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J Pharmacol Exp Ther. 2002 Mar;300(3):768-76.

Thalidomide modulates nuclear redox status and preferentially depletes glutathione in rabbit limb versus rat limb.

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University of Michigan, Department of Environmental Health Sciences Toxicology Program, Ann Arbor, Michigan, USA.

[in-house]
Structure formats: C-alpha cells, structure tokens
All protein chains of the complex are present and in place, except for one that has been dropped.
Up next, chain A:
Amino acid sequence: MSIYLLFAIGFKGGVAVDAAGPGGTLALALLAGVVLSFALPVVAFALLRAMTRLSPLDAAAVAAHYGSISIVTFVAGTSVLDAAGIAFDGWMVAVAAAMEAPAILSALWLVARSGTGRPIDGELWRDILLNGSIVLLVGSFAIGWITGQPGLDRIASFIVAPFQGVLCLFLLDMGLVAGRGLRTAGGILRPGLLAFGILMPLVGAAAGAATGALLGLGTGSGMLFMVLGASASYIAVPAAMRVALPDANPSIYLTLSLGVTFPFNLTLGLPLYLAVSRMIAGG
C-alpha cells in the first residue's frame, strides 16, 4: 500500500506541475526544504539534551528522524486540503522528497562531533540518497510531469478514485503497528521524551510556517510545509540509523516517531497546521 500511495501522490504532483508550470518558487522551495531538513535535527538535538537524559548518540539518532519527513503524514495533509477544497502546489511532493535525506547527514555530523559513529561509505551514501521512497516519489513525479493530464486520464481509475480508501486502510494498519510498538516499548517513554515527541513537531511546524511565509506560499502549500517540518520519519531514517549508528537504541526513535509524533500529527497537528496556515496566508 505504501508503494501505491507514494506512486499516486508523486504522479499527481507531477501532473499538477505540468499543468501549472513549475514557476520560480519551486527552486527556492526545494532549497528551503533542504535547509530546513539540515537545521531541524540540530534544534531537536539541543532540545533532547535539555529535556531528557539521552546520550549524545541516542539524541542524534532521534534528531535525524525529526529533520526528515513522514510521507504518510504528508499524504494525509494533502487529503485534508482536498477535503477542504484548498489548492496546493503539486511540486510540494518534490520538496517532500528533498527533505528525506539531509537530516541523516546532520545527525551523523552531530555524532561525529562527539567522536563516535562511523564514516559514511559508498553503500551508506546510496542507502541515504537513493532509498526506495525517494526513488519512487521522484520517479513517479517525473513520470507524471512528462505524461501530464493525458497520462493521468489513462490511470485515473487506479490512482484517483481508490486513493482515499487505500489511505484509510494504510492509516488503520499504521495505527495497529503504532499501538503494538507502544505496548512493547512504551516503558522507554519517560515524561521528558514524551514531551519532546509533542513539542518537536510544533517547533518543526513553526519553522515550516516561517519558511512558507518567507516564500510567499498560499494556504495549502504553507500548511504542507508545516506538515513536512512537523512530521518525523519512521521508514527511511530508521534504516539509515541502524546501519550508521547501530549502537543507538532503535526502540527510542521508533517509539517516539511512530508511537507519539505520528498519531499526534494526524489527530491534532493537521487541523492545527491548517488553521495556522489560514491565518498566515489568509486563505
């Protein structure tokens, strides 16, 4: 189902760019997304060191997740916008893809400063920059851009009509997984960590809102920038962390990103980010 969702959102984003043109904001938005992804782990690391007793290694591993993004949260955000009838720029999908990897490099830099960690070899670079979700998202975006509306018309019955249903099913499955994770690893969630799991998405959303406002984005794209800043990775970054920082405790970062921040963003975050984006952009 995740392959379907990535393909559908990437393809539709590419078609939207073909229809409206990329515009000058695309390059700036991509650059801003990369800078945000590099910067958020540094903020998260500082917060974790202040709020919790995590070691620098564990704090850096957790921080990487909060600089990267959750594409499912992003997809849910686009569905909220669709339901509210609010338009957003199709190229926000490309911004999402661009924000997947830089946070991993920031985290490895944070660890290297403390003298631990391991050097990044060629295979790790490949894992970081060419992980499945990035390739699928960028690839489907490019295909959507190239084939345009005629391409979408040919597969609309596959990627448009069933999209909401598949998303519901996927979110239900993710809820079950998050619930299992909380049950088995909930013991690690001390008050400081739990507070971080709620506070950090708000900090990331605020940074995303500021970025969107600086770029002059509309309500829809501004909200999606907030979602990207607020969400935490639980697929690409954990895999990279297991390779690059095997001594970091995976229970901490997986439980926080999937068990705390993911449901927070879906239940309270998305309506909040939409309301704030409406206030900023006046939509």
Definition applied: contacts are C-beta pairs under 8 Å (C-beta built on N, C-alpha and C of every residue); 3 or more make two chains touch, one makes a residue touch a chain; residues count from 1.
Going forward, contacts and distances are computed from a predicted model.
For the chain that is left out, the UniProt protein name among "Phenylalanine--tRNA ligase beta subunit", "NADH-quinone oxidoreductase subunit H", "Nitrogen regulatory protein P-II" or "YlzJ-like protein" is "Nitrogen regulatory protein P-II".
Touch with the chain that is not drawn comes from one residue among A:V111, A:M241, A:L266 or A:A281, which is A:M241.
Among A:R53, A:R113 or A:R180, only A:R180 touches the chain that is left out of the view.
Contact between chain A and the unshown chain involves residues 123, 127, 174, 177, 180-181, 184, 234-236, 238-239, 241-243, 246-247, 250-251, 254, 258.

Thalidomide produces numerous birth defects, the most notable being phocomelia. Mechanisms behind thalidomide-induced malformations have not been fully elucidated, although recent evidence suggests a role for reactive oxygen species. A thalidomide-resistant (rat) and -sensitive (rabbit) species were used to compare potential inherent differences related to oxidative stress that may provide a more definitive understanding of mechanisms of thalidomide embryopathy. Limb bud cells (LBCs) were removed from the rat and rabbit embryo, dissociated, and plated in culture for 24 h. A fluorescence (6-carboxy-2',7'-dichlorofluorescin diacetate; DCF) assay for oxidative stress was used with varying concentrations of thalidomide (5-100 microM). Thalidomide (100 microM) showed a 6-fold greater production of oxidative stress in rabbit cultures than in rat. Lower concentrations (50 and 25 microM) also showed a significant increase in reactive oxygen species. Confocal microscopy revealed DCF fluorescence preferentially in rabbit LBC nuclei compared with the uniform distribution of DCF fluorescence in rat LBC. Localization of glutathione (GSH) was determined using 5-chloromethylfluorescein diacetate fluorescent confocal microscopy. In rat cultures, significant thalidomide-induced GSH depletion was detected in the cytosol but the nuclei maintained its GSH content, but rabbit LBC showed significant GSH depletion in both compartments. GSH depletion was confirmed by high-performance liquid chromatography analysis. These observations provide evidence that thalidomide preferentially produces oxidative stress in the thalidomide-sensitive species but not the thalidomide-resistant species. Nuclear GSH content in the rabbit LBC is selectively modified and indicates a shift in the nuclear redox environment. Redox shifts in the nucleus may result in the misregulation of transcription factor/DNA interactions and cause defective growth and development.

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